Home | Industry & Reform | Lack of attention on complication rate reductions a tragedy: Grattan Institute

Lack of attention on complication rate reductions a tragedy: Grattan Institute

Australian hospitals should release information on complication rates so patients can identify gaps between the best and the worst-performing and make more informed decisions, health experts have urged in a new report.

The Grattan Insitute report, All complications should count: Using our data to make hospitals safer, held that one in every nine patients who go into hospital in Australia suffers a complication, and if they stay overnight the figure increases to one in four.

Health program director at the Grattan Institute Stephen Duckett said Australians expect all hospitals to provide high-quality and safe care, but the report reveals that some hospitals achieve much better results than others.

“A patient’s risk of developing a complication varies dramatically depending on which hospital they go to: in some cases, the additional risk of a complication at the worst-performing hospitals can be four times higher than at the best performers,” the report read. “If all hospitals lifted their safety performance to the level of the best 10 per cent of Australian hospitals, the complication rate across the nation would fall by more than a quarter.”

The Grattan Insitute would like to see patients given access to information on complication rates in different hospitals and for different procedures so they and their GP can make better-informed decisions about how and where they are treated. This would also give clinicians and hospitals an opportunity to see how they are performing compared with their peers and learn from the best-performers, the group said.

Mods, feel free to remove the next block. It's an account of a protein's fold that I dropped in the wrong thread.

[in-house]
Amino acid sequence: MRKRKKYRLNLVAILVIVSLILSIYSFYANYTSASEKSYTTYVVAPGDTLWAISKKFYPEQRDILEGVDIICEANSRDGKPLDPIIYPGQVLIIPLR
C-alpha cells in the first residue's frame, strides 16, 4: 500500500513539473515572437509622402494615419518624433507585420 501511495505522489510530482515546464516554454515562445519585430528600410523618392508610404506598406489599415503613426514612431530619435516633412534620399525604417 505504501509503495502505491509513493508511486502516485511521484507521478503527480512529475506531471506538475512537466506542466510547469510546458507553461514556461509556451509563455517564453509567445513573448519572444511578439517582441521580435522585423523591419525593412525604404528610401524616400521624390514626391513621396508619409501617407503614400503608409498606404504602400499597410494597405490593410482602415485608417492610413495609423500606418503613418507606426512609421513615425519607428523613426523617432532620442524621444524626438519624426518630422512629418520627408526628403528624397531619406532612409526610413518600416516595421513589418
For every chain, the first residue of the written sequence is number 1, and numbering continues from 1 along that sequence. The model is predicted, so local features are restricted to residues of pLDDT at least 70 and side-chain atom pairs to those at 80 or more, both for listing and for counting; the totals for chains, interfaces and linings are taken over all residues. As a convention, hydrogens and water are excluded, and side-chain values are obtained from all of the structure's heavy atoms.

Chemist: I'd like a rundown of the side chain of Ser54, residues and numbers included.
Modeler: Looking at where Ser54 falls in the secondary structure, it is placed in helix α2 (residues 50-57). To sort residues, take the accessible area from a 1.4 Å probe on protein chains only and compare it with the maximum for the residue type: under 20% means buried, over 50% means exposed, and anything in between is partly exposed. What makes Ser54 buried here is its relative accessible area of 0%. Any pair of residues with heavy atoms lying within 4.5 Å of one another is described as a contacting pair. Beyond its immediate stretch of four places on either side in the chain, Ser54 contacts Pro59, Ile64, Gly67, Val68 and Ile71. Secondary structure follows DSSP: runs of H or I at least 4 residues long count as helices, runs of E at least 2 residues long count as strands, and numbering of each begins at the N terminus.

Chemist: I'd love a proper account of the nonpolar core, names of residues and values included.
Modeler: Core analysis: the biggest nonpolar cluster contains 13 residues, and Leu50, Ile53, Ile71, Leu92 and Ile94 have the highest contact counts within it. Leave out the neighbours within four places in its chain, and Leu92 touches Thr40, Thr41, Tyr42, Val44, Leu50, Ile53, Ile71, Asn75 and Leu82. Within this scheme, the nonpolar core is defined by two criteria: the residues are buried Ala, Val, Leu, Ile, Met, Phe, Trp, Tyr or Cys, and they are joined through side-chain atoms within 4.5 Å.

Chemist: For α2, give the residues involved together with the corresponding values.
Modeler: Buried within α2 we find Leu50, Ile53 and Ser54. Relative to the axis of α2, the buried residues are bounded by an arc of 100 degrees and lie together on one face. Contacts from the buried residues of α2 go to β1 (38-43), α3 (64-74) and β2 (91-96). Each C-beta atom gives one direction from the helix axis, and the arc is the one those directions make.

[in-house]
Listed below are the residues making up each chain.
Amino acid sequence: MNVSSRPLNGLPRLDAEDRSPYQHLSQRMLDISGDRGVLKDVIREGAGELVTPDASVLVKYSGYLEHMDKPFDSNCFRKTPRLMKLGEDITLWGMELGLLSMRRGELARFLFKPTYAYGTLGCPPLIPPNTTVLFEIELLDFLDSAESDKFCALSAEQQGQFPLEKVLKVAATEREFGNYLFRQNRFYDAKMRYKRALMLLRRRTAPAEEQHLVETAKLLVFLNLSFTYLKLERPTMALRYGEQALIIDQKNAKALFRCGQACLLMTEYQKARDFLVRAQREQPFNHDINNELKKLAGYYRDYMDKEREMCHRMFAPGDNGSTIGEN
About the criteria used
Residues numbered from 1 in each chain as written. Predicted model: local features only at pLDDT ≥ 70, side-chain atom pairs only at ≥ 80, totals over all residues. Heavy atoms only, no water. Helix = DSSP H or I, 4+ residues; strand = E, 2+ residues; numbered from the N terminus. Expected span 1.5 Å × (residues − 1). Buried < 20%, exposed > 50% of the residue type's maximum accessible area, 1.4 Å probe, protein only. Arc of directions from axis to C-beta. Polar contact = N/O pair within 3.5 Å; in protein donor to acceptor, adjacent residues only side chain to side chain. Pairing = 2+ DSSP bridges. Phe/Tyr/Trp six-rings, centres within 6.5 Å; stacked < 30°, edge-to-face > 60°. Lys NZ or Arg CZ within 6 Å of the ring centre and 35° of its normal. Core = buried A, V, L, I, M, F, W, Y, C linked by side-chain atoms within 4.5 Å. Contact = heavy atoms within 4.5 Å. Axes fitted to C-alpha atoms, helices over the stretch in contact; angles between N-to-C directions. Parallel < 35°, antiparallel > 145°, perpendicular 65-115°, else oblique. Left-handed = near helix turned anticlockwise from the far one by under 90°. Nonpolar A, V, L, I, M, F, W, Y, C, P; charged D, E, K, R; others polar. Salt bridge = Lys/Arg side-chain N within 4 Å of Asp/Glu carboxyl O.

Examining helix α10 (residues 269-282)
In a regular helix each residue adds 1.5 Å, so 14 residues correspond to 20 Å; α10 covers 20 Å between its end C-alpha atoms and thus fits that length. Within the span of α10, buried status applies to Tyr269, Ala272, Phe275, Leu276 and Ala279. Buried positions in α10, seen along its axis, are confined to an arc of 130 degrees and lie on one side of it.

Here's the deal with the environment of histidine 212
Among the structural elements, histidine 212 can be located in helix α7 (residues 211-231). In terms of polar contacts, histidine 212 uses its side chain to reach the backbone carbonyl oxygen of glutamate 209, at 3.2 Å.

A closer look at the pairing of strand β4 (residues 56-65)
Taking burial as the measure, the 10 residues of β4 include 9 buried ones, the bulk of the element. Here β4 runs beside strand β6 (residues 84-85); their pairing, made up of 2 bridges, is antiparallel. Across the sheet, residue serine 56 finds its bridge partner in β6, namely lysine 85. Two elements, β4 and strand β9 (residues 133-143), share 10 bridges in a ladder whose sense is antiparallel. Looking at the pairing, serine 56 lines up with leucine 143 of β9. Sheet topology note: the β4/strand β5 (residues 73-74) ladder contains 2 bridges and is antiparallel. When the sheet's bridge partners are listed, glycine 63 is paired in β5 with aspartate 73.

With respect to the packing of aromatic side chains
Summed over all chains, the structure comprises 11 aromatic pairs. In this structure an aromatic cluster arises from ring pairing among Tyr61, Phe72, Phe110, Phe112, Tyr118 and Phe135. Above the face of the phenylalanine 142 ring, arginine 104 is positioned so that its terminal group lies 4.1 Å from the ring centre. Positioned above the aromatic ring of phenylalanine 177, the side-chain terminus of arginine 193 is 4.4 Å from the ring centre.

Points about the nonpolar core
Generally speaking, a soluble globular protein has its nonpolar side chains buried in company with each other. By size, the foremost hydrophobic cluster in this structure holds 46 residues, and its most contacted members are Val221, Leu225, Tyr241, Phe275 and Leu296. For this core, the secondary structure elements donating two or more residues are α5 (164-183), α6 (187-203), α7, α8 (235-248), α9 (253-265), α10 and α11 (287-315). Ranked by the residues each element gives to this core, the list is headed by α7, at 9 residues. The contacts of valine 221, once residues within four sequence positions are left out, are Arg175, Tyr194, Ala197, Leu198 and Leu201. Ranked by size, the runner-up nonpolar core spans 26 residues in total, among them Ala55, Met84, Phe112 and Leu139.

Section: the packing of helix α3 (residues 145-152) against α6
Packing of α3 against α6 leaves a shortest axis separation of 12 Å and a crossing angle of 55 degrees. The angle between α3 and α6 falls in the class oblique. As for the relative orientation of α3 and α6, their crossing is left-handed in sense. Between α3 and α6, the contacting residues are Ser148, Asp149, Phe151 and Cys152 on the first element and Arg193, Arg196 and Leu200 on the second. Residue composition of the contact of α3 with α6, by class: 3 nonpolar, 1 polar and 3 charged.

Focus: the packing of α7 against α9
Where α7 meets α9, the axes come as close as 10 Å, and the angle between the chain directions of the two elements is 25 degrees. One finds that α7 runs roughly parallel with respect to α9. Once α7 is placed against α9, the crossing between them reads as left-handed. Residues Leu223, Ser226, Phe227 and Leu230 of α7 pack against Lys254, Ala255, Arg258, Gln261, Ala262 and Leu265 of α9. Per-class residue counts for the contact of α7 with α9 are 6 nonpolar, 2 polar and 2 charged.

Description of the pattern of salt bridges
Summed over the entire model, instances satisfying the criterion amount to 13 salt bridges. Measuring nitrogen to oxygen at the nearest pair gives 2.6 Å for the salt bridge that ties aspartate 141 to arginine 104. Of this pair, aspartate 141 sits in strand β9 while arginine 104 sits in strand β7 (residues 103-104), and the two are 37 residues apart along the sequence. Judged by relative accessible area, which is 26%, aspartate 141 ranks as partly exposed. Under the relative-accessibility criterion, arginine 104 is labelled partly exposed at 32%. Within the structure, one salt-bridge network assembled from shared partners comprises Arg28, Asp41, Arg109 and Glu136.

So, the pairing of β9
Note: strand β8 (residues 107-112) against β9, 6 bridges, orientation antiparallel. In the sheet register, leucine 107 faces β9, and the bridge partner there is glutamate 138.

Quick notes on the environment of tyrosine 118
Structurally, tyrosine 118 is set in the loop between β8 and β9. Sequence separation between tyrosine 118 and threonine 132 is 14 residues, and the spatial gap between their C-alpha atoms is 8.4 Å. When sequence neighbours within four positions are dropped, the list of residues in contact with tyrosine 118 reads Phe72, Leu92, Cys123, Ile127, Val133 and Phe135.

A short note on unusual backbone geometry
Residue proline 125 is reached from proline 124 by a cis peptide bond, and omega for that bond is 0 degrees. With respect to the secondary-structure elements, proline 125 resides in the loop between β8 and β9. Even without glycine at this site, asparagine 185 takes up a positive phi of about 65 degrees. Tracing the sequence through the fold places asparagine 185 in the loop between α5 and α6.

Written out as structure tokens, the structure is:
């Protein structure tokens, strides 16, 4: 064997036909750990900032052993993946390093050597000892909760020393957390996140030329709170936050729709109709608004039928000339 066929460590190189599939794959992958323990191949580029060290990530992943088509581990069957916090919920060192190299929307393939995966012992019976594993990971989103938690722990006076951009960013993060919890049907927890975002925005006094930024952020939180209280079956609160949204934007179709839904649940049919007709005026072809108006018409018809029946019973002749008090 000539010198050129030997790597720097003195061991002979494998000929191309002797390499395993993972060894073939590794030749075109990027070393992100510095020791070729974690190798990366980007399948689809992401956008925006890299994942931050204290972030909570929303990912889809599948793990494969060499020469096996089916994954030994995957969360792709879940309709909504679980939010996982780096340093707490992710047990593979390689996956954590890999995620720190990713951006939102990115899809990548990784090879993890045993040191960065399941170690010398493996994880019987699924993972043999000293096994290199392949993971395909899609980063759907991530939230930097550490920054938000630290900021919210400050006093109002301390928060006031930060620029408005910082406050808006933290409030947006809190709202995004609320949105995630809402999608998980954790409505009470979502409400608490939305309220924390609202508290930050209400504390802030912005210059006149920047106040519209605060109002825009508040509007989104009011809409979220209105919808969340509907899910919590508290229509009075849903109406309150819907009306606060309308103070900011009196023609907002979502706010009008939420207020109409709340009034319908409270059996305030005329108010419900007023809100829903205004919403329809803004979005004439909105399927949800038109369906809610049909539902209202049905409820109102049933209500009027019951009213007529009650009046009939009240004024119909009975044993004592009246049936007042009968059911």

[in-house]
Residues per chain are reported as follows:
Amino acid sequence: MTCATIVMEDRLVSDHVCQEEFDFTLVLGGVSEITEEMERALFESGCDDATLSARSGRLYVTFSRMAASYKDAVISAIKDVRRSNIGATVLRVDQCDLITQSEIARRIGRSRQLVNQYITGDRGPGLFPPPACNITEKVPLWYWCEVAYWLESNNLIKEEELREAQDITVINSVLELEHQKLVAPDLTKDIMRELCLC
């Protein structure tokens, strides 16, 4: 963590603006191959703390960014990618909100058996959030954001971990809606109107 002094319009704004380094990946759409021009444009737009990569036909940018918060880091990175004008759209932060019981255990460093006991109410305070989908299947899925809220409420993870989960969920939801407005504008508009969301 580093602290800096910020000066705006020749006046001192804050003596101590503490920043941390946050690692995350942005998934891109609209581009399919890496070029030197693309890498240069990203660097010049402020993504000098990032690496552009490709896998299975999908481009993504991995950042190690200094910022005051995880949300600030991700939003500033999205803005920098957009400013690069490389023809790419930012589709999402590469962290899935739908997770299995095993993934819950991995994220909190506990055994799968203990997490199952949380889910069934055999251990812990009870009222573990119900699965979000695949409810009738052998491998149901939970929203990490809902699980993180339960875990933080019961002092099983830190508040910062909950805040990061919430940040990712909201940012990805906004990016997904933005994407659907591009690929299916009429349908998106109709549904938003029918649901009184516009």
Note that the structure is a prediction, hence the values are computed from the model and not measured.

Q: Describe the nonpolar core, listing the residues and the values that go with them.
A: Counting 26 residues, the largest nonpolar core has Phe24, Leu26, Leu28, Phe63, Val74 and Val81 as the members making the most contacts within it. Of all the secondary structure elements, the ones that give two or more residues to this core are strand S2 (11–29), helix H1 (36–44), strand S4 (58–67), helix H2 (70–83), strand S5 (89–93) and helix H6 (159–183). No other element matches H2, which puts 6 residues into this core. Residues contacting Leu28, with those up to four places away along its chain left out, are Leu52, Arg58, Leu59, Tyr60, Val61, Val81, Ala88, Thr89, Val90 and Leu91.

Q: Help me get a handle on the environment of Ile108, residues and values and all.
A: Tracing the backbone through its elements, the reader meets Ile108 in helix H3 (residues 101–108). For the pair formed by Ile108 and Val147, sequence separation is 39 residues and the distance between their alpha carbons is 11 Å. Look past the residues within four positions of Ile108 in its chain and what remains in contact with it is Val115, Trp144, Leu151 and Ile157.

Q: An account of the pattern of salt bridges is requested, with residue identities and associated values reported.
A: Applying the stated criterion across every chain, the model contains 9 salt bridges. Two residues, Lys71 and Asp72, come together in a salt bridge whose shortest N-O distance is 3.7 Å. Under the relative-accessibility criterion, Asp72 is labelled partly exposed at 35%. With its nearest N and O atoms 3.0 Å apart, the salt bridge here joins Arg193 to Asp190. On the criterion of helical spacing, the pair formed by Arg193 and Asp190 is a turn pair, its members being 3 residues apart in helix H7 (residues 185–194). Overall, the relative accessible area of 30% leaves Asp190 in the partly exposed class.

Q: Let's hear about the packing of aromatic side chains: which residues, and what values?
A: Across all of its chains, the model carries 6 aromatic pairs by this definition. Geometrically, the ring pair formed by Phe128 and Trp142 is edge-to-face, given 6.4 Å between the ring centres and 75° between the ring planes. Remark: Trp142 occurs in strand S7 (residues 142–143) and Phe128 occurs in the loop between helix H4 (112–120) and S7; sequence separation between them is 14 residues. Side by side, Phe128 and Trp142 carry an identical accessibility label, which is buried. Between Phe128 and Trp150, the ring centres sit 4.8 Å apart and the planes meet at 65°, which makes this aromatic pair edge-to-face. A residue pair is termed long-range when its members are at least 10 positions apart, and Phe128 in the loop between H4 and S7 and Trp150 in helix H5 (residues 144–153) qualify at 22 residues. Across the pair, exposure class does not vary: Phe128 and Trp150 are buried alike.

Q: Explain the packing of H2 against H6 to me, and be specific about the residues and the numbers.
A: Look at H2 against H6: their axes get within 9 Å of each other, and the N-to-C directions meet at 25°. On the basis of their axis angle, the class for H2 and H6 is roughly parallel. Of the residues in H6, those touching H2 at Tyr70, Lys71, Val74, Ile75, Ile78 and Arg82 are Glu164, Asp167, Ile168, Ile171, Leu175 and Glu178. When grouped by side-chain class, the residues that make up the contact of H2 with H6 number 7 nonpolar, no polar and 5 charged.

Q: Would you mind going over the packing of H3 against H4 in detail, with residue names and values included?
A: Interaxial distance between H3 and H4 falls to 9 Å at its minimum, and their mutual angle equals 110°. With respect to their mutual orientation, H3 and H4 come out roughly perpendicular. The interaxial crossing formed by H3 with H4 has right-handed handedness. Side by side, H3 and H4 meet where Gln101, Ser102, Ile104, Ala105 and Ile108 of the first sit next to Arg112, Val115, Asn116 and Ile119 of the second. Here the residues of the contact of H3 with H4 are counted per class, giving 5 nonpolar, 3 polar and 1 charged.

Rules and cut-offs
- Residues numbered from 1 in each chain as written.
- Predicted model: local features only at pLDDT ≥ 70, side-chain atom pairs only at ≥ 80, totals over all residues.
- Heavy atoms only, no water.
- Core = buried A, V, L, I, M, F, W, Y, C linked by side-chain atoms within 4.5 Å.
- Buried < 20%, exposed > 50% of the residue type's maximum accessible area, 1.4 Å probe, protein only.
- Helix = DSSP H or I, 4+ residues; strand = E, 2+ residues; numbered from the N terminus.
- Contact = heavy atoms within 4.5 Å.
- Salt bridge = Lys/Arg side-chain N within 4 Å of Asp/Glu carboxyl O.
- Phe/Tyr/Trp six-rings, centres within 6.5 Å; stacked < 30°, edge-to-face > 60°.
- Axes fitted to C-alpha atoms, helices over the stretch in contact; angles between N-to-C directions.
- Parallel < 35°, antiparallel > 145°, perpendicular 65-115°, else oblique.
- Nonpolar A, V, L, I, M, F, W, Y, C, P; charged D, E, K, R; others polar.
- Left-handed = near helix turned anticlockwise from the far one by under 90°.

“At the moment, a veil of secrecy hangs over which hospitals and clinicians have higher rates of complications and which are safety leaders,” the report read. “Hospital safety statistics are collected, but they are kept secret, not just from patients but from doctors and hospitals. This has to change.”

Duckett said the report’s suggested reforms could cut the complication rate in Australian hospitals by more than a quarter.

“It is time to adopt an epidemiological focus – examining broad patterns – and to learn from hospitals and clinicians who achieve low rates of harm. The policy question is not whether we move to addressing all complications, but when,” the Grattan Institute said. “The sooner we set more ambitious targets the better.”

The report recommends:

  • All states and territories establish goals for reducing the overall rate of complications in public and private hospitals.
  • All states and territories give hospitals and clinicians the ability to interrogate the state hospitals data (without individual patients being able to be identified), so they can see how their performance measures up against the best-performing hospitals and clinicians. All hospitals develop strategies to identify opportunities to improve.
  • All states and territories publish reports on excess complications, by specialty and institution (including private hospitals).
  • Major private health insurers provide their members with comparative information on complication rates.
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